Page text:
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The Eclectic Economist

Are we overscheduling our kids from the moment they’re born? The real ‘labor’ economics

Hurry up! We’re on the clock. Baby birth via

Are we overscheduling our children even from the moment of their birth?

We live in an on-demand world. Movies are shown on request, food is delivered on call and drivers arrive when beckoned. As an economist, not a medical doctor, I was surprised to find new data that suggest more babies are showing up when scheduled rather than on their own time frame.

Numerous writers have suggested that parents, teenagers and children are all overscheduled. Should birth be scheduled too?

The baby boom

In the early 1970s, an influential review of when women gave birth found that “[m]ore human births occur between 1:00 and 6:00 am than at other times of day.” Today, this no longer happens, since most babies in the US are born midafternoon in the middle of the week.

Not only does this issue set the tone from the very beginning of our lives, but it also is occurring on an enormous scale. Currently, the US has about four million births each year. To put that number in context, Canada, our northern neighbor, has a population that is almost 36 million people. This means every decade more babies are born in the US than all the people living in Canada!

Not only are large numbers born, but childbirth is a big business since the “cumulative costs of approximately four million annual births is well over US$50 billion.”

When are babies born?

Starting in 2003, states across the US began switching to a new standardized birth certificate that gathers much more information than the old birth certificate. Part of the extra information is the exact time of day when each child was born. The below table shows the time and day when babies were born, taken from the five most recent years of publicly released information.

This table shows the time and day when babies in the US are born, from 2009 to 2013. Author's calculations

There is no reason to expect that babies prefer leaving the womb on any particular day of the week. This means that births should be roughly evenly spaced out throughout the week. However, the table’s shaded gray bottom row shows this even spacing doesn’t happen. Instead, only 20% of all babies are born on Saturday or Sunday. If births were evenly distributed, about 29% (two days out of seven) of all births should occur on the weekend.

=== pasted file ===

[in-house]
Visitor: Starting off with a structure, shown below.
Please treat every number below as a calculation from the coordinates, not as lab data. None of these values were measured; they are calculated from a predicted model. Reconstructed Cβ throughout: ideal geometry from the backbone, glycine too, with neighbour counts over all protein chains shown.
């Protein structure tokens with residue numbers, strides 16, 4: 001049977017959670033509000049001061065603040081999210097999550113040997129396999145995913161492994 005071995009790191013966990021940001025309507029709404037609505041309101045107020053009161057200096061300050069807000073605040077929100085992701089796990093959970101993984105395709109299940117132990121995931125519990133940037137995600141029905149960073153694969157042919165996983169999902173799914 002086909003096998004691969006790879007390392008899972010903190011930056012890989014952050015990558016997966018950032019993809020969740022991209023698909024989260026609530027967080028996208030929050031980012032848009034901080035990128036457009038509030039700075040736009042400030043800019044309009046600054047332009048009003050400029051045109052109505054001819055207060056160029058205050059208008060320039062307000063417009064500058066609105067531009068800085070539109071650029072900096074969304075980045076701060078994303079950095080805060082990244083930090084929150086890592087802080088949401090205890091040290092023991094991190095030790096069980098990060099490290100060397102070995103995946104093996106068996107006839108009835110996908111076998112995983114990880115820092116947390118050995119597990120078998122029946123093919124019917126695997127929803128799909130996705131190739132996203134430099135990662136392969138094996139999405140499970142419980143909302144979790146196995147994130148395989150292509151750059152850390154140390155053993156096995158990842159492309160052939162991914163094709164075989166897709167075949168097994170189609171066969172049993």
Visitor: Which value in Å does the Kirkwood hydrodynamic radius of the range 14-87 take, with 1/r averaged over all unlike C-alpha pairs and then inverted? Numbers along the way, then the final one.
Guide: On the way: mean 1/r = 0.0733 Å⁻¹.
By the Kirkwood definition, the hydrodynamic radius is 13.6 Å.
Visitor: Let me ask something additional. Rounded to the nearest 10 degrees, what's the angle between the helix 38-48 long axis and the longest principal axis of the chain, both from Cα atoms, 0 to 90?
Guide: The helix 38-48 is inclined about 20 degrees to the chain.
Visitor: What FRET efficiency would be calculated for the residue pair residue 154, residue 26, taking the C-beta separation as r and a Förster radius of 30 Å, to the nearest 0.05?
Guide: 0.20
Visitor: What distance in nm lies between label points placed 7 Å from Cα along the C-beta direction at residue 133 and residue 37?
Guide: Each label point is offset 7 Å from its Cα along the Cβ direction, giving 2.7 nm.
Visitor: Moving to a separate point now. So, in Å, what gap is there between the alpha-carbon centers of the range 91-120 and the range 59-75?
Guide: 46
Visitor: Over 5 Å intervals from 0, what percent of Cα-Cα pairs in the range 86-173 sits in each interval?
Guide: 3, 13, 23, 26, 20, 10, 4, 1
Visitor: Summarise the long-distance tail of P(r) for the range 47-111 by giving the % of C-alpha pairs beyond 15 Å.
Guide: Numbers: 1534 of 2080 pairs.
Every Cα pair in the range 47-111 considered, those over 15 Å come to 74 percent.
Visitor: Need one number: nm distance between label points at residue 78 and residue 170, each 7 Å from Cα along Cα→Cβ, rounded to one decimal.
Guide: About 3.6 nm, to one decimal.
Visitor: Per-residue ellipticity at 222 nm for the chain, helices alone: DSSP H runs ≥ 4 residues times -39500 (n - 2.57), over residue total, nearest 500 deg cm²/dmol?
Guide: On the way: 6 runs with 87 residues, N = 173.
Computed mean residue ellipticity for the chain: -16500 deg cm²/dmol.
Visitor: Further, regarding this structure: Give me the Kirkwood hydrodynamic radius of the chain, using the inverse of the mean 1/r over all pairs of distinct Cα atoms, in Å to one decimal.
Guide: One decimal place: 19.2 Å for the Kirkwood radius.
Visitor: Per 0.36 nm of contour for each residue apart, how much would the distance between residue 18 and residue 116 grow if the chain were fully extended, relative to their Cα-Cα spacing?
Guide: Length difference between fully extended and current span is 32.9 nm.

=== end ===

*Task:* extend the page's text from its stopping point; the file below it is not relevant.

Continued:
Babies are also not born randomly throughout a particular day in the US. If babies were born evenly spaced during the day, each of the table’s four time slots should have about 25% of all births. However, the shaded gray far right column shows far more babies than expected are born between noon and 6:00 pm. Interestingly, the midnight to 6:00 am time frame is now the least likely period for a baby to be born, capturing only 16.4% of all births. This is a far cry from the 1972 review quoted above that found the early morning hours were the most likely time for women to give birth.

The yellow numbers in the center of the table show the most likely time for a baby to be born is Tuesday afternoon, closely followed by Wednesday and Thursday afternoons. The least likely time for a baby to be born, shaded in green, is very early Sunday or Monday morning.

Why the change?

There are primarily three ways to give birth: vaginal delivery, induced delivery and Cesarean section. Looking at the time of day when births occur using each method shows very different patterns (see graph here).

Vaginal births happen more or less evenly spaced out during the day, with a slight bump in the early morning hours. C-section births typically happen either around 8:00 am or noon. Induced deliveries typically happen around 3:00 pm.